Unfortunately, sometimes it’s the walls, the floor, or the ceiling. It seems like every hospital I’ve visited lately is under construction, renovating their current space or planning for large additions. With all the changes, it’s easy to forget about the “unseen” aspects of the design, such as Mechanical Noise and Vibration Control.
The Unseen Problem
A common problem is loud mechanical units going in over operating suites. Vibration and noise from the mechanical units can cause problems with the medical equipment inside the suite. Too much noise and vibration can ultimately compromise the accuracy of the equipment. This can lead to misinterpretation of medical data and serious health issues. Operating suites are also very active places with lots of health caregivers interacting with each other. Excessive noise levels in the operating room can cause communication issues at a critical moment in time. However, starting in 2010, the FGI Guidelines incorporated extensive requirements for noise and vibration control in healthcare facilities.
The FGI Guidelines are published by the American Society for Healthcare Engineering (ASHE) and the American Hospital Association (AHA), and they contain six distinct sections of requirements for acoustics and noise control in healthcare facilities including:
Part 1 – Site Exterior Noise
Part 2 – Acoustical Finishes and Details
Part 3 – Room Noise Levels
Part 4 – Performance of interior wall and floor/ceiling constructions (Noise Isolation)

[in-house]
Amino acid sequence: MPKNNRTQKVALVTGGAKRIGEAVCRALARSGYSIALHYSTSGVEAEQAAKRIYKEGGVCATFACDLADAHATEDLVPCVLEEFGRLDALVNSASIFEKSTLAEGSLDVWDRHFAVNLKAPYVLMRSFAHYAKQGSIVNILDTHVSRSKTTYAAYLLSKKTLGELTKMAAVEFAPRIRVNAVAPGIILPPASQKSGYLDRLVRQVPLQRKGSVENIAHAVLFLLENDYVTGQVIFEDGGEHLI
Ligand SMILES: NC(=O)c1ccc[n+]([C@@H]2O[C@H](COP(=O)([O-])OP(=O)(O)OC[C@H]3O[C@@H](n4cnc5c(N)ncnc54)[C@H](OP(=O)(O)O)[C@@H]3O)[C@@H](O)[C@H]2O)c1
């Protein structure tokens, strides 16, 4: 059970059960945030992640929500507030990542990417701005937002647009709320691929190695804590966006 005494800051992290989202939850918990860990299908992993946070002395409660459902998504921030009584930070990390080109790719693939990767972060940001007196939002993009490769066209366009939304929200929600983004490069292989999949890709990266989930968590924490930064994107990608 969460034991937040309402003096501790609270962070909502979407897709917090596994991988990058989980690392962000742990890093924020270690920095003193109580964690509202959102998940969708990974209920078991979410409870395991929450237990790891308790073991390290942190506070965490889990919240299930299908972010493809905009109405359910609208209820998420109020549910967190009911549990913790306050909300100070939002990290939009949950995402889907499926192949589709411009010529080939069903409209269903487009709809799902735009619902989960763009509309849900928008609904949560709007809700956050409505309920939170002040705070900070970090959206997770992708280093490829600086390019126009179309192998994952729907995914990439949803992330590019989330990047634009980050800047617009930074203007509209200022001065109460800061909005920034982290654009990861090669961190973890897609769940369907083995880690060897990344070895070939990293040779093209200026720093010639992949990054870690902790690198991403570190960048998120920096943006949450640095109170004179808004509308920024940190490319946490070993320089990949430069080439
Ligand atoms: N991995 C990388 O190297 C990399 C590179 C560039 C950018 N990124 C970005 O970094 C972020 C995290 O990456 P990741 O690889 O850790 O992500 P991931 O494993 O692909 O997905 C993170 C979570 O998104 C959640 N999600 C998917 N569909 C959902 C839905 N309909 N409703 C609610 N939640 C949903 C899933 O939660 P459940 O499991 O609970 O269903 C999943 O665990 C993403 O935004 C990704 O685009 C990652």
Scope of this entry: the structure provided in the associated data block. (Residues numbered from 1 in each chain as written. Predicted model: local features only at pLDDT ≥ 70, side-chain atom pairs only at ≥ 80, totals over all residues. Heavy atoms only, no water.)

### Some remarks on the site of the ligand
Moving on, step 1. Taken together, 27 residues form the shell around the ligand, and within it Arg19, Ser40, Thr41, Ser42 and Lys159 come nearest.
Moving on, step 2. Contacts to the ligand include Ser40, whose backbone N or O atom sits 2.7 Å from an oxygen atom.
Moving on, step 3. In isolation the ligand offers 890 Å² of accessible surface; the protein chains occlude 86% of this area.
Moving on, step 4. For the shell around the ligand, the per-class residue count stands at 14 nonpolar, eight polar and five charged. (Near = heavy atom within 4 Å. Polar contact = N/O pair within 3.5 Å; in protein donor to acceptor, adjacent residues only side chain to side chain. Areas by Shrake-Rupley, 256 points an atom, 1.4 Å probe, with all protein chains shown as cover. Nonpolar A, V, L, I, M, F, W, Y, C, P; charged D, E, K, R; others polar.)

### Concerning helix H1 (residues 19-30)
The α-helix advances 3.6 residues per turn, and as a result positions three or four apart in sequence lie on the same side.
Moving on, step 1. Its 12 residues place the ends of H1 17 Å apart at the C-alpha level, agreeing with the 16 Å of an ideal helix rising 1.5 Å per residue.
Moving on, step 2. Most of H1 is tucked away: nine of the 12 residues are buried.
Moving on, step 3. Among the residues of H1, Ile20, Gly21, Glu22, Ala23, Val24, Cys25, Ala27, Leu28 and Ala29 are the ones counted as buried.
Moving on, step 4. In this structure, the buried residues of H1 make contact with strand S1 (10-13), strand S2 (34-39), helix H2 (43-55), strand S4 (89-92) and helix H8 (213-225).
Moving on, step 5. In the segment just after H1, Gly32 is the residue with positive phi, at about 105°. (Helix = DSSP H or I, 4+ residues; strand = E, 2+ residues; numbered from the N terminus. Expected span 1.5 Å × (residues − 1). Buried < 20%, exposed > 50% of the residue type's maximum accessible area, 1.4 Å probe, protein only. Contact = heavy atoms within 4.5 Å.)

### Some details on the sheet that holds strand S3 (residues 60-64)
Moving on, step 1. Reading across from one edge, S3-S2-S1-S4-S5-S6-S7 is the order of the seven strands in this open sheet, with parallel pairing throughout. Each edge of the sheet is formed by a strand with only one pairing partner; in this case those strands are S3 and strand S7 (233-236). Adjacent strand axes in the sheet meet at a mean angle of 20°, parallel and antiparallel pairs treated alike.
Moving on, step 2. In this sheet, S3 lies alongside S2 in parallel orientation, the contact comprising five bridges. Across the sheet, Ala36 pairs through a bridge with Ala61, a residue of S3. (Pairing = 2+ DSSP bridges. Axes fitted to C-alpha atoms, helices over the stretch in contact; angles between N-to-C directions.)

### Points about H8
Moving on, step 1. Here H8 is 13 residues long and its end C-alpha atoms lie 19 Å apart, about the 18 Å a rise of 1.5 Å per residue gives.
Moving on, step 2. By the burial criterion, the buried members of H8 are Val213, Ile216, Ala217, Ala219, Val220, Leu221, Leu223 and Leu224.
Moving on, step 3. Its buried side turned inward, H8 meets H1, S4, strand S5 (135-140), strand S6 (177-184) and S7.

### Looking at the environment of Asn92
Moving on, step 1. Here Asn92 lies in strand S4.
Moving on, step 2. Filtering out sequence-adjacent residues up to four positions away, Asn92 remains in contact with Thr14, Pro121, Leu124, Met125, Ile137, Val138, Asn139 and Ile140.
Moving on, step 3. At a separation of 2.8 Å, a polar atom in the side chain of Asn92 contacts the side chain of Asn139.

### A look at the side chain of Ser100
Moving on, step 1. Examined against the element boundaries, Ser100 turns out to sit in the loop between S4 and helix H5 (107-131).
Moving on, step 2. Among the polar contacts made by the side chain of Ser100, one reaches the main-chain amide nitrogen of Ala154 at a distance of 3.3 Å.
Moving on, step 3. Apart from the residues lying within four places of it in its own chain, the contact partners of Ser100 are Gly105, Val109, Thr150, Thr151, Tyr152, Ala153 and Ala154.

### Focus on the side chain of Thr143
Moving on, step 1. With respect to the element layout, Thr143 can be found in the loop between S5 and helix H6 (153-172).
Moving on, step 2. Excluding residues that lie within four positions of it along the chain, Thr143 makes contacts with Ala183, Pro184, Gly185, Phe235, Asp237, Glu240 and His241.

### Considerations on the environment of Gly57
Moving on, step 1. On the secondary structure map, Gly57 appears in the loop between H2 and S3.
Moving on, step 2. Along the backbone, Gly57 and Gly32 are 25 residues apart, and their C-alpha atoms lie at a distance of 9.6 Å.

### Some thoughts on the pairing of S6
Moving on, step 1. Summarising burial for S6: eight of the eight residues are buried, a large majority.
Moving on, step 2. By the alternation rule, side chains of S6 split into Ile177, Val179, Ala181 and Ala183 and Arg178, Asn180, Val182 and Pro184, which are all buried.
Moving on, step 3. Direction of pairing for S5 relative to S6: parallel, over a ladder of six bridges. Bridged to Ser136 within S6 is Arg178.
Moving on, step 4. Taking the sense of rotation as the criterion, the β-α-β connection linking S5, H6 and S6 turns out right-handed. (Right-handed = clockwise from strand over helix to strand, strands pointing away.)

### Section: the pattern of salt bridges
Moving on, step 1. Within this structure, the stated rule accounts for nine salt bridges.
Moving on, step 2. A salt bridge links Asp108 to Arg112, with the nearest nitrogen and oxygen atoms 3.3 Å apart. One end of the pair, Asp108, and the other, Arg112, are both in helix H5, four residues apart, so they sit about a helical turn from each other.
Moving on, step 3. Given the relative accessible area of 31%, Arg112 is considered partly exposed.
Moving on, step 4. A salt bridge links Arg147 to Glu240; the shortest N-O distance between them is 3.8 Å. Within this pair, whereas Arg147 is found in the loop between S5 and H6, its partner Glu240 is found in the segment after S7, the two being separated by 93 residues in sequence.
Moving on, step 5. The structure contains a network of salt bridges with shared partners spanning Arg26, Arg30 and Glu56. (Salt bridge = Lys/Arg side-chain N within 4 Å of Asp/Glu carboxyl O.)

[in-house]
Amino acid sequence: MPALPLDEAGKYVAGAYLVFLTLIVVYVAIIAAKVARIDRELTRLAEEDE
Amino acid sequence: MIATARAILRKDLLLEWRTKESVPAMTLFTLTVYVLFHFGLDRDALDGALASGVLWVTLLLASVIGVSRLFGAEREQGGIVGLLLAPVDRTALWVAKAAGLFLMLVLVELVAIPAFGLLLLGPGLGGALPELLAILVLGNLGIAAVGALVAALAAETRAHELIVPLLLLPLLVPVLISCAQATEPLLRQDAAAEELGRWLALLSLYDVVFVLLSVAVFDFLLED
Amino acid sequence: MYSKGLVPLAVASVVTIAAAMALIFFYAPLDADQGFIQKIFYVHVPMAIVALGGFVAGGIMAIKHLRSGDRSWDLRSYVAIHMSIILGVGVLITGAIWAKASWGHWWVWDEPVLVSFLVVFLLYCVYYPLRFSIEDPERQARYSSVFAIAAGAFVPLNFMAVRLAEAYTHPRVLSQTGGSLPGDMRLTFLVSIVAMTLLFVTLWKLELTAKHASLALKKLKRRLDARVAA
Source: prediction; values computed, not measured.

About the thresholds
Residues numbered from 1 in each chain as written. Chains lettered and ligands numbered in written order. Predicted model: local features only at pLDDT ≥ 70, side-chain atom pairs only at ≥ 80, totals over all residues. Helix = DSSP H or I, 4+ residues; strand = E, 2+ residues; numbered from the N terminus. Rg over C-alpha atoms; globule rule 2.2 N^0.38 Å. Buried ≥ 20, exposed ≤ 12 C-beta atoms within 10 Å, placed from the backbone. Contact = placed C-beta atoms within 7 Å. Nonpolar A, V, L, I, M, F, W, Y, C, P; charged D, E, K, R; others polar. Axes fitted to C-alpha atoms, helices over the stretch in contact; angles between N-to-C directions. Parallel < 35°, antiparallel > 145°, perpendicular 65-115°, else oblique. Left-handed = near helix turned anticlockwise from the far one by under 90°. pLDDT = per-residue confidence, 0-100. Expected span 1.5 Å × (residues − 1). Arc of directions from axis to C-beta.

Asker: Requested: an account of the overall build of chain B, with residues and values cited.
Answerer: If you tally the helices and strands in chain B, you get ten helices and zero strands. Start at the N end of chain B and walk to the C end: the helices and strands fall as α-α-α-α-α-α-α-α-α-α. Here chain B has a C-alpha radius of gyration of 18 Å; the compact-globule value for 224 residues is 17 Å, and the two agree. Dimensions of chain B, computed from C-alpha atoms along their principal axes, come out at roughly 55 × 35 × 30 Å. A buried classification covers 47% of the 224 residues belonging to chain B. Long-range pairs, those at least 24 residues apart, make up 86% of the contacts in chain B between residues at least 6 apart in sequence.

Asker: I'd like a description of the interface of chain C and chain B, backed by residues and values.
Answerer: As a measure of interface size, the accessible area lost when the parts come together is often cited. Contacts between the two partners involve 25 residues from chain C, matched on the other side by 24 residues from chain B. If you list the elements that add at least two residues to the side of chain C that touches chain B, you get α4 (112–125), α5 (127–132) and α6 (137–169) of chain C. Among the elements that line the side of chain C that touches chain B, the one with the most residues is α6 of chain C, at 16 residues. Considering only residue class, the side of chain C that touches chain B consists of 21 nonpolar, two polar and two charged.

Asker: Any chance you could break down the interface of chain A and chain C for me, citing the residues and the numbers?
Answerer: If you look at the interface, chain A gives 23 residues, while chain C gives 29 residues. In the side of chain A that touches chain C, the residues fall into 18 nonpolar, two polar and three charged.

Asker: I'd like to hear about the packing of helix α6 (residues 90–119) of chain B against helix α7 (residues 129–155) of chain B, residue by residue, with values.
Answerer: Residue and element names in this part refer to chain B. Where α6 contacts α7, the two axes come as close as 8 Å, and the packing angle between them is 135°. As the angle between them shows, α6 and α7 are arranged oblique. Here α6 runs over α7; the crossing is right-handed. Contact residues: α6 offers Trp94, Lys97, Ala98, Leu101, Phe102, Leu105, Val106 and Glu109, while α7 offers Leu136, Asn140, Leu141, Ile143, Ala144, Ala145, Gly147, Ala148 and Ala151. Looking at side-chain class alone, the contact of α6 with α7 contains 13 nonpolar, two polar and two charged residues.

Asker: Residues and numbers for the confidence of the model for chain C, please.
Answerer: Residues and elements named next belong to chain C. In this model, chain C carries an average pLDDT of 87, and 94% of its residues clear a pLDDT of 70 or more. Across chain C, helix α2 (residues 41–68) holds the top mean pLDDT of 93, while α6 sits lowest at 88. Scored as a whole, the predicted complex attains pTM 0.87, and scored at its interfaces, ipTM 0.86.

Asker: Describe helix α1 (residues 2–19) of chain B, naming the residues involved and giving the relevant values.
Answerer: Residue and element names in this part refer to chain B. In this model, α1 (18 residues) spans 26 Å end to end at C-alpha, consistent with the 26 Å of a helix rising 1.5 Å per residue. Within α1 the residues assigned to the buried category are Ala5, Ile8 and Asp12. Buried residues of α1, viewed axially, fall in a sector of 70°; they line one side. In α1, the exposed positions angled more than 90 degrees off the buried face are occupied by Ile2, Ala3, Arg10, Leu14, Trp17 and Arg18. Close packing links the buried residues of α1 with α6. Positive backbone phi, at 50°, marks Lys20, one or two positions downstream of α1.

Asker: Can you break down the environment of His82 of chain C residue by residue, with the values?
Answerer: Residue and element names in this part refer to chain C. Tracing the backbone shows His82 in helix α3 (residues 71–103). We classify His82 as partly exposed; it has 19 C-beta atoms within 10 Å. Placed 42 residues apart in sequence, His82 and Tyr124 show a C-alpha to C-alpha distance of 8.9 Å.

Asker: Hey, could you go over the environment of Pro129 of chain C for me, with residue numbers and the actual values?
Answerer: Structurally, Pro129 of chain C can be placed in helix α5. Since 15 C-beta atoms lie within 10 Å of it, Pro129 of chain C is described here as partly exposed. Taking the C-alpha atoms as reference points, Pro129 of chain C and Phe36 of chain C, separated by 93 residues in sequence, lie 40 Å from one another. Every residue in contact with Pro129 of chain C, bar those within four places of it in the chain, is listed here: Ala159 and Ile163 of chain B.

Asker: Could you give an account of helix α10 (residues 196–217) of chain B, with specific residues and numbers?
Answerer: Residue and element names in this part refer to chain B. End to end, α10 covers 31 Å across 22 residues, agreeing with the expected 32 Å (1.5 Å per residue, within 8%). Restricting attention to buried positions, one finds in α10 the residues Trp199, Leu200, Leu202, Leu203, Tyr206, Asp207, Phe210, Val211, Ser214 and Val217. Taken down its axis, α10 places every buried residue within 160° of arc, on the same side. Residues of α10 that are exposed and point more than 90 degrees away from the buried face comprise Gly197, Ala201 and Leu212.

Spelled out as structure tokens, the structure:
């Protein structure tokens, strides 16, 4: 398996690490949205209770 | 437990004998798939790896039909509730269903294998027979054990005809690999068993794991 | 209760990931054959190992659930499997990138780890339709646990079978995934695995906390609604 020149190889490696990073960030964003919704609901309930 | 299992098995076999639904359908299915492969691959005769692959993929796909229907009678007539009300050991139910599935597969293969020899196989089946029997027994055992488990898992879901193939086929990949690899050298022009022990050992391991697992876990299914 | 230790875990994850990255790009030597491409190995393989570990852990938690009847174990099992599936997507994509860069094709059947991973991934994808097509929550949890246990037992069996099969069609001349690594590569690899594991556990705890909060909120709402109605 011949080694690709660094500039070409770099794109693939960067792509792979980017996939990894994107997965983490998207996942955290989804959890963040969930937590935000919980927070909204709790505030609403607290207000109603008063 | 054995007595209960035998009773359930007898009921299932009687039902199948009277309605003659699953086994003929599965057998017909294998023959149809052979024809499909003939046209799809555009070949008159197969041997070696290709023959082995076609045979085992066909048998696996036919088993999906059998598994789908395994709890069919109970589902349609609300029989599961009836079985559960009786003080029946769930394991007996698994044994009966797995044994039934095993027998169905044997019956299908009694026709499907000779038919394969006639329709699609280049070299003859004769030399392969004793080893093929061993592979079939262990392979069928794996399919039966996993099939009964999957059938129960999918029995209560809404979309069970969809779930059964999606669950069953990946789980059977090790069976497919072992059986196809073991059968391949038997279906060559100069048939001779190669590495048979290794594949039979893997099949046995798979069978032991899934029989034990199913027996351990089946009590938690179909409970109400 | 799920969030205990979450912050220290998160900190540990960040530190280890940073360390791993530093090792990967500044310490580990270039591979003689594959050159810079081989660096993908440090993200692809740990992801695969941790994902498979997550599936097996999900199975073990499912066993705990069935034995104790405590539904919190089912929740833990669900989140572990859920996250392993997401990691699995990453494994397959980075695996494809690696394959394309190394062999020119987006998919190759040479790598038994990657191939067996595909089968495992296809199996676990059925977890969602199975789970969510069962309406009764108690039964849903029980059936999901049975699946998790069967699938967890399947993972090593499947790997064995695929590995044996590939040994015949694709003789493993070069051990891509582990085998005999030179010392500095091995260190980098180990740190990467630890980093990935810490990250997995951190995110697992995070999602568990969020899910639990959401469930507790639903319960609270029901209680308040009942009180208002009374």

Part 5 – Speech Privacy
Part 6 – Building Vibration and Structure-borne Sound
Note – part 3 of the FGI Guidelines refers to room noise levels, which in-turn refer to the mechanical systems noise and vibration control. The FGI Guidelines are also the source document referred to by LEED HC for all acoustical criteria. While you might not be planning for environmental or green building, these guidelines are indispensable for any healthcare construction or renovation.
The Building Problem
You can’t drive through a major city without noticing the large number of healthcare construction projects. With high land prices and expensive medical equipment costs, every square foot of usable space needs to be maximized – including the space over the Surgical Suites and Operating Rooms.
Mechanical and electrical coordination is huge; there are limited spaces and chances to make everything fit and work. Plus the cost of construction materials is going up – copper, wire, steel – almost any metal. The time and cost restraints force mechanical and electrical trades to look for money saving solutions, and often these solutions get changed in the field without assessing the acoustical effects on healthcare, hospital staff, patients, and patient satisfaction.
Sound Vibration Solutions
In existing construction, there’s no silver bullet plan for fixing these issues. Sometimes, it’s necessary to make sound and vibration measurements to identify the problems. Working with an independent acoustical consultant, like Acoustics By Design, gives you the assurance that you’re getting unbiased recommendations. For new construction, we use 3D computer modeling software to predict the sound/vibration problems even before construction begins. In the fast pace of hospital and medical facility design and construction, make sure the noise and vibration is under control. It’s much cheaper to design an alternate solution than to fix a problem later.
View my comment concerning hospital noise in the Industrial blog.